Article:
I could drag this post on and on.  I’ve already spent WAY too much time writing and deleting and re-writing.  But the bottom line as to why I didn’t finish is arrogance.  Sure, there are other questions that linger in my mind, especially now that my legs are beginning to feel better.  Did I drop too early?  If my mental game was better, would I have finished?  If my crew/pacer had been able to make it, would that have changed things?  What if my wife was there in person?  In the end though, I need to realize that I’m lucky to have made it to mile 63, considering I ran one 20 miler as my longest training run for the Rocky Raccoon.

I hope I don’t forget this humbling lesson anytime soon.



  1. I think there was definitely a mental aspect to how you performed. If you went into it thinking, “I’m not going to finish”, then odds are, you weren’t ever going to. The brain is such a powerful thing. You can think of all the “what if’s”, but that is not going to change anything now.

    You still did an amazing thing, running 63 miles. Much more than a lot of other people could do! And maybe you can come back again next year for redemption. Show that race who is boss!

    • Yes, there was definitely a mental aspect to it, especially with how I was feeling the night before the race. I knew I wasn’t in great mental shape going into the race, and that sucked. I’m hoping by the end of this week, I’ll be able to put this behind me (as much as possible), take the lessons learned, and move on.

      Not sure I’ll tackle it again next year. I believe I’ll take it on again, but not sure when. Maybe next year. Maybe 10 years. But I do have a bone to pick with the race. And myself.

  2. Ali says:

    Argh. My heart aches for you! It may take time to put it in the past, but time will help. I think so, at least! I’m still trying to get over my DNF last May, but it’s gotten better as time goes on. You’re going to ROCK your next race, though. I know it.

  3. Gina says:

    Aw man. I feel ya. 63 miles is still pretty incredible, and like you said – great lesson learned. (I have definitely been motivated to train better after underperforming at races I didn’t train enough for.)

    You still da man.

  4. Laura says:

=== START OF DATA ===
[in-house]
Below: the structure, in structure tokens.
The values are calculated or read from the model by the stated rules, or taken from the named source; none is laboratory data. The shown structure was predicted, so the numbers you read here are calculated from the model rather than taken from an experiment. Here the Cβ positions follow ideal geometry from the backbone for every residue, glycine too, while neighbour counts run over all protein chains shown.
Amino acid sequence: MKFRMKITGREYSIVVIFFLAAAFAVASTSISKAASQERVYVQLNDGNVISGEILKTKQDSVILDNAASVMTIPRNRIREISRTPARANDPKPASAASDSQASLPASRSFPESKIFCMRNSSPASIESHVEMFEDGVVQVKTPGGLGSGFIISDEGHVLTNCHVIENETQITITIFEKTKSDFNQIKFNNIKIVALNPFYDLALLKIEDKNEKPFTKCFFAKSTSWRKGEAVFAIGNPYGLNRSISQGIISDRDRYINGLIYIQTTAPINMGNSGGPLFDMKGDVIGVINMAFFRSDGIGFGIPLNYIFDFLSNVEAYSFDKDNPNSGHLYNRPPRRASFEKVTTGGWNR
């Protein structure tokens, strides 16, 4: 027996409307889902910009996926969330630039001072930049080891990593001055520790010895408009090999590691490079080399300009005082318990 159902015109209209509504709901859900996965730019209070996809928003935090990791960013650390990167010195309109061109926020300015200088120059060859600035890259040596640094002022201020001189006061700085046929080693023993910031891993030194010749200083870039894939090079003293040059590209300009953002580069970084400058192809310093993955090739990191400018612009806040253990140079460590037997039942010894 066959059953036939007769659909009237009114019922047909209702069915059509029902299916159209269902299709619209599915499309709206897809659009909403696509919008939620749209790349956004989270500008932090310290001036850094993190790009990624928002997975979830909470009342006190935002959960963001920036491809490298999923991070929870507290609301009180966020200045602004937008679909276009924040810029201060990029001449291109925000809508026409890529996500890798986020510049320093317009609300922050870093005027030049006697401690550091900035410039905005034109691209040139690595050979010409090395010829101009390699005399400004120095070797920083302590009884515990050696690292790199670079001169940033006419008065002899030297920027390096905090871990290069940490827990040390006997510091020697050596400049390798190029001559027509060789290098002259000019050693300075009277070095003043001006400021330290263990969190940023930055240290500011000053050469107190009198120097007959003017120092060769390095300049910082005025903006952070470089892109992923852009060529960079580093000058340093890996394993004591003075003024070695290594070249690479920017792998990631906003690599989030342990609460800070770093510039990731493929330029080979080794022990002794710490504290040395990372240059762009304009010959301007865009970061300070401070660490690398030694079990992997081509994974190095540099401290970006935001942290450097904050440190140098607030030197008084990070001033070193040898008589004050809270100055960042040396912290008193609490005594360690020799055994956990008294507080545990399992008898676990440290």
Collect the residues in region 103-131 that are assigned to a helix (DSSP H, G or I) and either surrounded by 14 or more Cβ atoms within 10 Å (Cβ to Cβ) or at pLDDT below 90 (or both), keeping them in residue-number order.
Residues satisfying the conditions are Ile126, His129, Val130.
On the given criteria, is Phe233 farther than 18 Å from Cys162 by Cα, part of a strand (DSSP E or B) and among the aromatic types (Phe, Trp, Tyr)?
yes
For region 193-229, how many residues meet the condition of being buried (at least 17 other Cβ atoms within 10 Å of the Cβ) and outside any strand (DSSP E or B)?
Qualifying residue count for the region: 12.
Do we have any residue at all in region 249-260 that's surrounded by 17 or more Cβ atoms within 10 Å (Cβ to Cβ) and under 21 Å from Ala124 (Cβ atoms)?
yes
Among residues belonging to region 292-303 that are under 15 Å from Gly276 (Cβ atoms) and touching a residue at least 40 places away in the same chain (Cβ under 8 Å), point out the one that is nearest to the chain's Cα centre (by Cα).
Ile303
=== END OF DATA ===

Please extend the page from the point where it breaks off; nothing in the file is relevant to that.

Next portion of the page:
So my experience with ultra’s is limited, but I know that when I decided in my 12-hour race that I was done at mile 36, that was it. Ultra-distances take so much mental strength that just thinking I’m done was it for me. I literally couldn’t make myself move any more. That being said, I think you are being too hard on yourself. What you accomplished is still great. I don’t think ultra runners compare themselves to the other 99%, but you still did something great that most never even think about doing. Take this as a lesson, don’t repeat next time, and it won’t be a wasted race.

    Easier said then done, of course!

    • It’s hard to compare yourself to the other 99%, especially when surrounded by hundreds of other crazy people attempting (and many succeeding) to run 100 miles. I often feel like it’s a small community of people, but then I go to a race like that and realize that there are plenty of other people out there running insane distances.

      Lesson learned though – I need to train!

  5. SoWhatIRun says:

    This really hits home with me. I’m training for my very first ultra, it’s only a 50K, but I haven’t stuck to my training schedule. I’m getting my long runs in, but I’m doing a lot more cross-training than running. The HAT run is about a month away and reading your posts about your race is telling me that I need to stick to the training program. Good stuff!

  6. piratebobcat says:

    Sounds like a good lesson learned, I’m sure in the future you will take a different approach. Regroup, refocus!!!